30. Anonymous Coward
    Anonymous Coward

    Should move to China instead.

    And it's official, the UK is becoming the new China, a communist state. It doesn't look like it now but where does it stop? What next is to be silenced? I suspect we will be seeing a few more laws coming in to make sure the press can't say a word about the politicians in future, even if the data was gathered legitimately.

    Next on the list, the Great Firewall of Great Britain


  31. Loyal Commenter Silver badge


    I see a lot of systematic downvoting of what are, to me, sane, balanced and factual posts purely because they appear to criticise the gutter press. I wonder by whom...

  32. JaitcH

    Just how will the UK Government ...

    censor any web site using a US domain and/or server?

    That's why people like the US - TMZ can say almost anything it likes and it is protected by the First Amendment. Of course, the UK doesn't have a Constitution which is why Parliament can dream up, and pass, dumb legislation.

  33. cortland
    Big Brother

    So where is

    John Peter Zenger when you need him?

    Nowhere; he's been dead over 245 years -- but if there's anything left of him, it's laughing bitterly..

    See you now:

    " You are Englishmen, mind your privilege, give not away your right"

    -- William Penn, at his trial in1670

  34. Anonymous Coward
    Anonymous Coward


    ...anything that gets rid of the Daily Mail is always a good thing in my opinion.

    I welcome this.

  35. Anonymous Coward
    Anonymous Coward

    Human rights time machine

    So you still think you are living in the 21st century? Wrong, my friends: you have just been magically transported back to early Stuart England, a nice round 400 years ago.

    Ever since then - starting with the English Civil War - people have been struggling to assert the rights of citizens against the state. Their first move was to defeat Charles I, arrest him, and eventually try him and cut his head off. His main offences were raising taxes without parliamentary authority ("no taxation without representation", as the American colonists were later to put it so succinctly) and the arbitrary exercise of royal authority by trying people in secret courts according to rules that were never publicly revealed.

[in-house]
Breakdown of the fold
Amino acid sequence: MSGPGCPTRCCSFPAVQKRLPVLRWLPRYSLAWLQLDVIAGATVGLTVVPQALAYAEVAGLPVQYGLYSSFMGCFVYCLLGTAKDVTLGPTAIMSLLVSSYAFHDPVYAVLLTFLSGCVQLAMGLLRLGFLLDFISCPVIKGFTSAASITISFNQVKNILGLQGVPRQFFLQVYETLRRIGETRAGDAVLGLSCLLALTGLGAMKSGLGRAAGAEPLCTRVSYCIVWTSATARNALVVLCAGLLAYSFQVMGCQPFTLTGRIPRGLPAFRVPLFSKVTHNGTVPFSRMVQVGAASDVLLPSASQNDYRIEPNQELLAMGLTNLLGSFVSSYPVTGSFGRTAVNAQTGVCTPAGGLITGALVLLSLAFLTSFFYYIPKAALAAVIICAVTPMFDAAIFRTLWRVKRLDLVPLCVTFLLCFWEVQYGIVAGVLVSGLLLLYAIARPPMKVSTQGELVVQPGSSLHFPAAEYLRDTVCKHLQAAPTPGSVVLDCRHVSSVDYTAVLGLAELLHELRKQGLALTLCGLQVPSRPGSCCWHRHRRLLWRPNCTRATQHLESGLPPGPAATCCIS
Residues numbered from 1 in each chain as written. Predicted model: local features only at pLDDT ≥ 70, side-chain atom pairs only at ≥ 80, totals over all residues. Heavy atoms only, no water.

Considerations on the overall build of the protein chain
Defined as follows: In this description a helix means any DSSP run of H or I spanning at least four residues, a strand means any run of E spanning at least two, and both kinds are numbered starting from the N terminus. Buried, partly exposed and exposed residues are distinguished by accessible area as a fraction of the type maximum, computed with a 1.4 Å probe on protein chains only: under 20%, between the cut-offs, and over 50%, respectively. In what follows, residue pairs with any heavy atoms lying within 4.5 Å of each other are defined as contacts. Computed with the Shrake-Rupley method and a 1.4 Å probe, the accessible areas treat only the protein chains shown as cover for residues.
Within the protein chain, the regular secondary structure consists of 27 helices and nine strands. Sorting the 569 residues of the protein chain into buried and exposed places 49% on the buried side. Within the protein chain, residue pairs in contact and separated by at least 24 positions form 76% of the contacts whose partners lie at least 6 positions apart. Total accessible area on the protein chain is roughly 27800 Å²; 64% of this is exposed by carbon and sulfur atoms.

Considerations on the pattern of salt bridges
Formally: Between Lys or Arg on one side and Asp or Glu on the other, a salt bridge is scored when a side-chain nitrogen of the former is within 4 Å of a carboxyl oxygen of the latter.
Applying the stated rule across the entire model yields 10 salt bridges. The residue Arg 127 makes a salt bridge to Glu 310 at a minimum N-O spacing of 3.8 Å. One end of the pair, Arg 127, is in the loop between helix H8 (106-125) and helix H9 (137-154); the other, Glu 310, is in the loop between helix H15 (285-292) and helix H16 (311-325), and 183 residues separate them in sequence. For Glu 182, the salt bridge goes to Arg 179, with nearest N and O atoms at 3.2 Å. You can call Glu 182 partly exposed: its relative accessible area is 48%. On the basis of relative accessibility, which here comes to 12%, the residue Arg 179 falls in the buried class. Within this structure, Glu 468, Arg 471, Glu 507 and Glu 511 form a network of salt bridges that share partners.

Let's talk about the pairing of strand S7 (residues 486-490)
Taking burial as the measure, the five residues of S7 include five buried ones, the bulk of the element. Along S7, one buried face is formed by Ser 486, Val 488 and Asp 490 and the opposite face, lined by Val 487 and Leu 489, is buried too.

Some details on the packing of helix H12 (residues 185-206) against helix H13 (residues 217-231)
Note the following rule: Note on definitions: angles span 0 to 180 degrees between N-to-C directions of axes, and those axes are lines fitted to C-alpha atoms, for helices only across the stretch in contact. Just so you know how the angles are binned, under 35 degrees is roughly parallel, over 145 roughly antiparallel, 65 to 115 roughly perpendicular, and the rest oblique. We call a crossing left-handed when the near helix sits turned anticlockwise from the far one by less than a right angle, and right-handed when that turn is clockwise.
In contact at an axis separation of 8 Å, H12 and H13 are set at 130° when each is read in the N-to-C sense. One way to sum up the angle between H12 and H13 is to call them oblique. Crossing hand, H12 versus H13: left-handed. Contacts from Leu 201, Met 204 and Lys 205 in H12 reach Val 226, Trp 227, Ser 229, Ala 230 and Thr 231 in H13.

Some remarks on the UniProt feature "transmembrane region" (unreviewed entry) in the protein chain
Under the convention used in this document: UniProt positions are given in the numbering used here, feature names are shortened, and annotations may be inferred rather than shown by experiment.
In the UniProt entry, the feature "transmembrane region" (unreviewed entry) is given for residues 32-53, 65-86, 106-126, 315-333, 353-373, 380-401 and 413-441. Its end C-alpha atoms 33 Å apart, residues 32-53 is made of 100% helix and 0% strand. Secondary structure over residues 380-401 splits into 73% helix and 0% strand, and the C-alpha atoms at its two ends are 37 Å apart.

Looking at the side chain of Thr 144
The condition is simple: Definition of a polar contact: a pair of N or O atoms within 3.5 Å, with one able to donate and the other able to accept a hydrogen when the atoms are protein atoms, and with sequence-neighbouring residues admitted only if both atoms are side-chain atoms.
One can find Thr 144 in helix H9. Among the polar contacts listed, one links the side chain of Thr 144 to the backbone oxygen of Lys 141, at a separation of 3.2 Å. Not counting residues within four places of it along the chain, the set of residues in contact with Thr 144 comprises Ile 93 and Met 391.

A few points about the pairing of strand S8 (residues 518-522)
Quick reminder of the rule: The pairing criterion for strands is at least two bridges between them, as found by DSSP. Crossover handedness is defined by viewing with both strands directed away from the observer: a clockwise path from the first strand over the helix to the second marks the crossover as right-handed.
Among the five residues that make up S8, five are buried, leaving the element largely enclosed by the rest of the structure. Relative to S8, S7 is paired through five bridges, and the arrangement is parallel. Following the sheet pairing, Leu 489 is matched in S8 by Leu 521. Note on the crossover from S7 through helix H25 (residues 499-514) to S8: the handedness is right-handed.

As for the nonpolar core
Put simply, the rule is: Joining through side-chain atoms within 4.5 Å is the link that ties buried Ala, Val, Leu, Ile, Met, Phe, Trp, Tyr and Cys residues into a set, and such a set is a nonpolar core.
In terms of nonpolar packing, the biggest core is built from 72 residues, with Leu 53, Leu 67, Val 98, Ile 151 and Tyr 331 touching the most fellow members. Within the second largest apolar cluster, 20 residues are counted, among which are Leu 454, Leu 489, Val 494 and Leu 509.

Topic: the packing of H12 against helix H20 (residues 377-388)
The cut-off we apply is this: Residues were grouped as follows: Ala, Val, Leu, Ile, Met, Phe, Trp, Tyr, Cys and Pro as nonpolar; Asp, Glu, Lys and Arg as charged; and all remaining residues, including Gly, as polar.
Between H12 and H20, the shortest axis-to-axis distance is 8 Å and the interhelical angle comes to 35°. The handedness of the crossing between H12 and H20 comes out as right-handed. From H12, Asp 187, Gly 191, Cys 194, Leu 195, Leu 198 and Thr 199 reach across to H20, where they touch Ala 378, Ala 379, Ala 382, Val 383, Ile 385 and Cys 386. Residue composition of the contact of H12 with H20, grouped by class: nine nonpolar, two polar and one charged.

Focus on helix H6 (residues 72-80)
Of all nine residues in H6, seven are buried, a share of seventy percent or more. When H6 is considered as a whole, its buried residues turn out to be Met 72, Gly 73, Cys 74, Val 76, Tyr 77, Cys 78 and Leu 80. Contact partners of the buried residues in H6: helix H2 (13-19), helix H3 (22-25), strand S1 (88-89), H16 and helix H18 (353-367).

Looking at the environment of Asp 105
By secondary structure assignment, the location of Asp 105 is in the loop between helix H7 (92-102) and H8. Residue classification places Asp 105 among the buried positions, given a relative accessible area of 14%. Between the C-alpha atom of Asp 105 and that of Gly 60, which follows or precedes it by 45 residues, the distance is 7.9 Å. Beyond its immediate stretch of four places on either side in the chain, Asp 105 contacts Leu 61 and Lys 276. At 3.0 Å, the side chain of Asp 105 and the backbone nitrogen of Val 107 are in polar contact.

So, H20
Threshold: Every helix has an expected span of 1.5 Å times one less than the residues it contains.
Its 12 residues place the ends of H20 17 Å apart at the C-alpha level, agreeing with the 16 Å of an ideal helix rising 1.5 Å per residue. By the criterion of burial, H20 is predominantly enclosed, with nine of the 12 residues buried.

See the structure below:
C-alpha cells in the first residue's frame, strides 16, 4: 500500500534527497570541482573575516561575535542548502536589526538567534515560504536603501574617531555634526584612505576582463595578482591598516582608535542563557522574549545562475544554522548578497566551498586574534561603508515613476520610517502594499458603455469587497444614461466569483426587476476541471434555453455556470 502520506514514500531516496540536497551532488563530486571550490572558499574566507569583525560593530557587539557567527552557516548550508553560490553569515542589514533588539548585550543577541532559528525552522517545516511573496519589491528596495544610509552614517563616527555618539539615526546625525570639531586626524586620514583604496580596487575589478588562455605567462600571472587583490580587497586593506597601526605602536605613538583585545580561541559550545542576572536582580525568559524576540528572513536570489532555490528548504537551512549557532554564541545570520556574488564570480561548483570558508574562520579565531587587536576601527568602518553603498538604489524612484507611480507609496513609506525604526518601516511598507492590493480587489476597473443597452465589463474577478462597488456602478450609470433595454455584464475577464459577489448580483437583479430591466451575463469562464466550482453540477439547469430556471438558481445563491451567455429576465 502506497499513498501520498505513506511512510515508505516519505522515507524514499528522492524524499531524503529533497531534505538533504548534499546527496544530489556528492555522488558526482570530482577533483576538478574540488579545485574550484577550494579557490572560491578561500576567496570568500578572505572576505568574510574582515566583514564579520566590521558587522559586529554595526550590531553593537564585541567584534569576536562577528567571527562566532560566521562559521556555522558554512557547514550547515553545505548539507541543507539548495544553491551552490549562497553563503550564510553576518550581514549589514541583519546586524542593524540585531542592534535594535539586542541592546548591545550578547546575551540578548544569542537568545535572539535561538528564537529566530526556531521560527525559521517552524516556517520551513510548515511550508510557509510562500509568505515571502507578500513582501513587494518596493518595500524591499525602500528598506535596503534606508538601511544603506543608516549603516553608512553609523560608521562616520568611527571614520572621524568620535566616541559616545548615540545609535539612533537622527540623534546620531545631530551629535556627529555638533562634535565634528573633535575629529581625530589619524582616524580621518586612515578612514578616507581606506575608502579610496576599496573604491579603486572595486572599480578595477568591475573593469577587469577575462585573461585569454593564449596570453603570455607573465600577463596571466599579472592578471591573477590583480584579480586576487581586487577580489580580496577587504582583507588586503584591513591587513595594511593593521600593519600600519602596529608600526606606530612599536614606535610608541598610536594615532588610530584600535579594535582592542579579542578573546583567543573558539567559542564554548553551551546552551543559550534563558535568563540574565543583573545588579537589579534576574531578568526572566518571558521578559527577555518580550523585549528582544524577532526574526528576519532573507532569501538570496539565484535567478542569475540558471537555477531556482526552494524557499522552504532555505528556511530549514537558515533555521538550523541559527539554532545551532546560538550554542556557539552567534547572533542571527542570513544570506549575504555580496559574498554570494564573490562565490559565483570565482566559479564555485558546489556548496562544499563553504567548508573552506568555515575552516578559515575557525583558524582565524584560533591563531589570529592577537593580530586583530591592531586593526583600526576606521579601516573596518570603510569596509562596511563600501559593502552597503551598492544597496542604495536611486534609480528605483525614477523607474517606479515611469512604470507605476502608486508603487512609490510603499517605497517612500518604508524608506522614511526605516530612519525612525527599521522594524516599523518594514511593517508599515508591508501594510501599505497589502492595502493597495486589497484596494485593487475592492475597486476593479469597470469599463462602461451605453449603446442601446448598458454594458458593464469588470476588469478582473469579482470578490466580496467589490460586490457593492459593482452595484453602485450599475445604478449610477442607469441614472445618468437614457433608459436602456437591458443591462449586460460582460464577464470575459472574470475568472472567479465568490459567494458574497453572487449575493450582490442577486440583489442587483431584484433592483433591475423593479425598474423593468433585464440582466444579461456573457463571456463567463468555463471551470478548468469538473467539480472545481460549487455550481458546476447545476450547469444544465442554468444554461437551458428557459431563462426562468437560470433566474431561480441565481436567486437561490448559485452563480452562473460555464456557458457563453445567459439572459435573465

We're heading back to those days at supersonic speed. Star Chamber, anyone? Whoops, PLEASE don't tell anyone I said that...

  36. Anonymous Coward
    Anonymous Coward

    @AC 0935

    I suppose you don't agree with Evelyn Beatrice Hall's summary of Voltaire's attitudes to censorship: "I disapprove of what you say, but I will defend to the death your right to say it".

    The point is that freedom of speech is indivisible. Rather like virginity, it's impossible to take away a little bit of it. If freedom of speech does not include the right to say and write things that others consider offensive, it is meaningless. (No one tries to stop you saying what they agree with, after all).

    I too find much of the Daily Mail's output foolish or misguided. Almost all of it is trivial. So what? That is no reason to suppress it - its value is proved by the amount of money that people spend to buy it. I actually read it from cover to cover occasionally, so I can keep in touch with attitudes and opinions that I disagree with.

    Remember: "First they came for the communists..." The time is perhaps not far off when we can no longer engage in this kind of discussion - either online or in public places like bars, or indeed in our own homes. Are you really happy about that?

  37. The Alpha Klutz

    in UK

    u will get your butt pounded for breaking any of the vague ridiculous internet laws.